.

Bright Star

Abbie Cornish, Ben Whishaw, Paul Schneider

Directed by Jane Campion
Rolling Stone: star rating
5 3
Community: star rating
5 3 0
September 17, 2009

What do you say about a 25-year-old British poet who died? If you're Jane Campion and the poet is John Keats, you can go with thelove letters Keats (Ben Whishaw) wrote to Fanny Brawne (Abbie Cornish) before consumption ended his life in Italy in 1821. But Campion, in films as diverse as The Piano and In the Cut, has always been intrigued by the space that time, class and culture puts between lovers and the feelings they can't articulate. And so Bright Star is the New Zealand writer-director's raw, sensual attempt to render Keats as experienced by a young girl who couldn't understand the genius of his verse.

It workslike a charm. The rigidity of life in Hampstead, where Fanny and her family live next door to the penniless Keats and his mentor, Mr. Brown (Paul Schneider), only amps the intensity of the emotions thwarted by their formal dress and society's rules. Sex? There isn't any between Keats and Fanny. Only Brown's go at a housemaid brings a carnal intrusion. For Campion, it's nature that represents the swoons and storms of this unrequited romance. The film, shot by the gifted Greig Fraser, is a thing of beauty to match the snippets of Keats we hear on the soundtrack. But the film would remain a concept without the right actors to give it flesh and blood. Whishaw lets us into Keats' secret, anguished heart. And Cornish is glorious, making Fanny a force of womanhood able to take on Brown (Schneider is a sharply witty irritant) when he tries to break the connection between her and her beloved. Cornish catches the fertile mind that Fanny poignantly tries to nurture, knowing she'll grow closer to Keats by deciphering the words that possess him. A literate, lyrical love story in the age of Hollywood crass. I must be dreaming.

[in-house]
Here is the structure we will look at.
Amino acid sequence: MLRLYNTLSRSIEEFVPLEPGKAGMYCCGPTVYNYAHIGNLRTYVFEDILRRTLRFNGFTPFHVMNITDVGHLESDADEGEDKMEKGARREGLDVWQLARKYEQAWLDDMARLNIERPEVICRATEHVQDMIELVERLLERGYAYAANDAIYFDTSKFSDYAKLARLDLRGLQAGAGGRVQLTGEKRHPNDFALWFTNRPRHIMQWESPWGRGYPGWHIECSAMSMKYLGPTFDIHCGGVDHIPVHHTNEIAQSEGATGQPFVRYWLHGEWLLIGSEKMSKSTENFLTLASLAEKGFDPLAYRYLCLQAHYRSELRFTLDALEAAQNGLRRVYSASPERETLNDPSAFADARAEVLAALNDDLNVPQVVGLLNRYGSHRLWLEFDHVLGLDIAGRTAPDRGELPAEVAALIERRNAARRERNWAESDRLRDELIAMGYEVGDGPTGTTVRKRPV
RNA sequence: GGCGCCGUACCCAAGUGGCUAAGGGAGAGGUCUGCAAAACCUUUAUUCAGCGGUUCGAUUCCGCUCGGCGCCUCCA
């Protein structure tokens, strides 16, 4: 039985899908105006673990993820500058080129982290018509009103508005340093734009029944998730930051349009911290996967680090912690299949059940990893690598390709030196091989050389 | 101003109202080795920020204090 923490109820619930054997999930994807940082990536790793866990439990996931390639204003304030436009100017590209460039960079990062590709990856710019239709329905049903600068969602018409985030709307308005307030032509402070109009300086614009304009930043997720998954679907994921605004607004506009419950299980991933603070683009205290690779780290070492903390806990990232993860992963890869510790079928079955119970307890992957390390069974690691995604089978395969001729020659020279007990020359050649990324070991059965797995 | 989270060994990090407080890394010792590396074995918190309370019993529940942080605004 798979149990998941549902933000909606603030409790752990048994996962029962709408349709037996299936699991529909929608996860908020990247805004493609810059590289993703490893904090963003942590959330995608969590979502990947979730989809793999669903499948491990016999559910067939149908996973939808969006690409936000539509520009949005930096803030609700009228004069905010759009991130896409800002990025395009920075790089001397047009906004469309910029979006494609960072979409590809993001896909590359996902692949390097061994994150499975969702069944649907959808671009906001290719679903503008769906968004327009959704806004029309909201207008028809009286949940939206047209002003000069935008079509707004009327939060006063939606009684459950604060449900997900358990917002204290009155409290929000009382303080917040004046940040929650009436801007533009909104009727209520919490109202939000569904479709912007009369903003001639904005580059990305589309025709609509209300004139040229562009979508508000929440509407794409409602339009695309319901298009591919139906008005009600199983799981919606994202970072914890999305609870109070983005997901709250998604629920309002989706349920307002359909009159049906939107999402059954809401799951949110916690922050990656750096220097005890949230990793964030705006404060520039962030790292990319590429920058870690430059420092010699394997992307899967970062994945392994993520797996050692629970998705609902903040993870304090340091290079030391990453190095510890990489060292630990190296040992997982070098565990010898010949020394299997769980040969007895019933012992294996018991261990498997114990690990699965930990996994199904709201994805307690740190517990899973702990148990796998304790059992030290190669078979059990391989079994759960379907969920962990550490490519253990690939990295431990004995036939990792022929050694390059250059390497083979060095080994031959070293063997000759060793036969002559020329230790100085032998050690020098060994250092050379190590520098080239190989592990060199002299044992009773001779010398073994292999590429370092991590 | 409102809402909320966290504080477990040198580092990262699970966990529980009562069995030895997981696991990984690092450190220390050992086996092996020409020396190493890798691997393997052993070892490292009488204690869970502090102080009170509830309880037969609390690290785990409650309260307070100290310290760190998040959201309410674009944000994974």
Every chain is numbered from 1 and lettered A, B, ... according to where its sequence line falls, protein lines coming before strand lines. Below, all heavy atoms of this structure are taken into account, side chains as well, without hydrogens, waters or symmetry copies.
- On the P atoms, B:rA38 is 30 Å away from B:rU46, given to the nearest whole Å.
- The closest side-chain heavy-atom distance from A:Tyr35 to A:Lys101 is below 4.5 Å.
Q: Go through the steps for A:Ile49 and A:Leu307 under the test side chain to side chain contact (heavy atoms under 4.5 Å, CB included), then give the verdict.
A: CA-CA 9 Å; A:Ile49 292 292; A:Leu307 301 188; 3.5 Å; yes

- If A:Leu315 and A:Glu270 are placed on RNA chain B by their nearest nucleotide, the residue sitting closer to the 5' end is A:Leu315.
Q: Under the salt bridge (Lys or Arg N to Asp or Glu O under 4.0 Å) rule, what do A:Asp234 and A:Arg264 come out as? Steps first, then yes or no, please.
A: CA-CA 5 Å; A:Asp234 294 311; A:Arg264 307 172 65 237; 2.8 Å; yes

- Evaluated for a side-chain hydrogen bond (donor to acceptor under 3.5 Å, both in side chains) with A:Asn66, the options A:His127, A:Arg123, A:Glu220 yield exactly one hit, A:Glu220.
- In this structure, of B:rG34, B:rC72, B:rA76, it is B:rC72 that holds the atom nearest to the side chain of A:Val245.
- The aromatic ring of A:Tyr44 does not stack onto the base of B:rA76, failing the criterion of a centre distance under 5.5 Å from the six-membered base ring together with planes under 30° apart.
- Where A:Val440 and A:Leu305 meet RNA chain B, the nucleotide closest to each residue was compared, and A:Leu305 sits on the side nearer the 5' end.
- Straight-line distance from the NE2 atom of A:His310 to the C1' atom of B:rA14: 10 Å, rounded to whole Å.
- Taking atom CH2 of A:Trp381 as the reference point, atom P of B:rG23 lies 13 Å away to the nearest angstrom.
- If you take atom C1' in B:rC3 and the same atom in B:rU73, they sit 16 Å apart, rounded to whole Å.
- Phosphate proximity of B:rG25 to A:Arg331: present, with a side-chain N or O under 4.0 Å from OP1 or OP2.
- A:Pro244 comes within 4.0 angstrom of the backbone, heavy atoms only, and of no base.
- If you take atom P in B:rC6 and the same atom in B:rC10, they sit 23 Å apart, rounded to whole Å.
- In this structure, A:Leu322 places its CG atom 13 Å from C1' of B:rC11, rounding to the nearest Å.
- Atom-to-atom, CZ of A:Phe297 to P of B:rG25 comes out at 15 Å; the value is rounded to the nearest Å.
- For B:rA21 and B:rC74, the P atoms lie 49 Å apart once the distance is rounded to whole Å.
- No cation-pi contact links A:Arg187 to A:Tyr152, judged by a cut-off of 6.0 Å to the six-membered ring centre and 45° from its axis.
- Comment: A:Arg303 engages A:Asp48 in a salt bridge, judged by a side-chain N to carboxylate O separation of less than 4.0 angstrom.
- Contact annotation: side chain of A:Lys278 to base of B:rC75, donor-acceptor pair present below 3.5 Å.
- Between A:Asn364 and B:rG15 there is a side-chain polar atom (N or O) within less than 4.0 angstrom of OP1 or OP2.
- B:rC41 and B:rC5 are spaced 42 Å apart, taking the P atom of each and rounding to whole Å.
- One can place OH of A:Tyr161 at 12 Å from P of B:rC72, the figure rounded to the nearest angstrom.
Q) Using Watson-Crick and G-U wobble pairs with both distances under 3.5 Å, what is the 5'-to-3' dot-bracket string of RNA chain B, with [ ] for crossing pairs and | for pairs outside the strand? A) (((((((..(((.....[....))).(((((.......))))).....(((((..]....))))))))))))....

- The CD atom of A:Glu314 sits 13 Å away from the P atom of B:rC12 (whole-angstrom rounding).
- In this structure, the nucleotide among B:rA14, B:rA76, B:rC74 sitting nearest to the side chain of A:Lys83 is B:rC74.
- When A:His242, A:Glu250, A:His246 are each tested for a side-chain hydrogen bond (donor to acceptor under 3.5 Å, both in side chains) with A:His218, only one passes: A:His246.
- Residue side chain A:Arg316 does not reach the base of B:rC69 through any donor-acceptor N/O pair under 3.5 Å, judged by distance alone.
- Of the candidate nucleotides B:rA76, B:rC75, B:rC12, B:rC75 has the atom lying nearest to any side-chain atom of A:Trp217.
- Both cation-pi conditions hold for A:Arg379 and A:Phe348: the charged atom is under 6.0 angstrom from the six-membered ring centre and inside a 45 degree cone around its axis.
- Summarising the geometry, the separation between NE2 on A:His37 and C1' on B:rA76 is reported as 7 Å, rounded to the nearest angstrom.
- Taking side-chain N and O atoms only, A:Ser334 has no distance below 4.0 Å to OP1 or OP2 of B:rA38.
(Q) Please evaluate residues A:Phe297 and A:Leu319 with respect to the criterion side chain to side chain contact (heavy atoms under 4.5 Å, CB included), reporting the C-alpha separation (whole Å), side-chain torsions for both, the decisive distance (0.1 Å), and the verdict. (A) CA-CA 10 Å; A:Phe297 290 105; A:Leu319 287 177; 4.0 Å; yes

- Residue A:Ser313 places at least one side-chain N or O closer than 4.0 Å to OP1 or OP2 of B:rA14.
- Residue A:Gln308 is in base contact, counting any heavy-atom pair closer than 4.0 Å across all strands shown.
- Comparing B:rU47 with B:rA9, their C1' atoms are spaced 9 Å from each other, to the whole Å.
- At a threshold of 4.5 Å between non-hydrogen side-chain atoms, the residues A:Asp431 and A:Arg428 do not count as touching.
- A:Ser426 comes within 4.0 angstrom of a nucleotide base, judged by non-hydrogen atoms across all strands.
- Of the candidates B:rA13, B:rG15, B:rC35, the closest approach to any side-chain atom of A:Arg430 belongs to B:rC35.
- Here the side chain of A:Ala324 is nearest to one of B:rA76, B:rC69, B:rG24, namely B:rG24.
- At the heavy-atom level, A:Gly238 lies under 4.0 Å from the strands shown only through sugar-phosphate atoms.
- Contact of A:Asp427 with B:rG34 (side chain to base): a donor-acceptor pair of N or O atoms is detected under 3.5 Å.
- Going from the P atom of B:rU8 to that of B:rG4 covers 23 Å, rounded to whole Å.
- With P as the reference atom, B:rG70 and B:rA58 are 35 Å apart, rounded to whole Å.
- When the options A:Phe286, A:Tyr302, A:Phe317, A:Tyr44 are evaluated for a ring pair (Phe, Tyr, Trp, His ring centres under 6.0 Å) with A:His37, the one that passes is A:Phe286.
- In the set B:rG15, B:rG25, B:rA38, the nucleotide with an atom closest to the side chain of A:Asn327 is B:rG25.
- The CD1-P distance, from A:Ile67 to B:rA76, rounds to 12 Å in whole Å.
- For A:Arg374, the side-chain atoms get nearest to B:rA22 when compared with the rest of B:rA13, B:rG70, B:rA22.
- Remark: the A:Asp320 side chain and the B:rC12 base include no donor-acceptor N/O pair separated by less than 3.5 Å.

prev
Movie Review Main Next

ADD A COMMENT

Community Guidelines »
loading comments

loading comments...

COMMENTS

Sort by:
    Read More

    Movie Reviews

    More Reviews »
    Daily Newsletter

    Get the latest RS news in your inbox.

    Sign up to receive the Rolling Stone newsletter and special offers from RS and its
    marketing partners.

    X

    We may use your e-mail address to send you the newsletter and offers that may interest you, on behalf of Rolling Stone and its partners. For more information please read our Privacy Policy.

    Song Stories

    “Money For Nothing”

    Dire Straits | 1984

    Mark Knopfler wrote this song with Sting, and it wasn’t without controversy. The Dire Straits frontman's original lyric used the word “faggot” to describe a singer who got their “money for nothing and their chicks for free.” Even though the slur was edited out in many versions, the band, and Knopfler, still took plenty of criticism for the term. “I got an objection from the editor of a gay newspaper in London--he actually said it was below the belt,” Knopfler told Rolling Stone. Still, "Money For Nothing," undoubtedly augmented by its innovative early computer-animated video, stayed at Number One for three weeks.

    More Song Stories entries »
    www.expandtheroom.com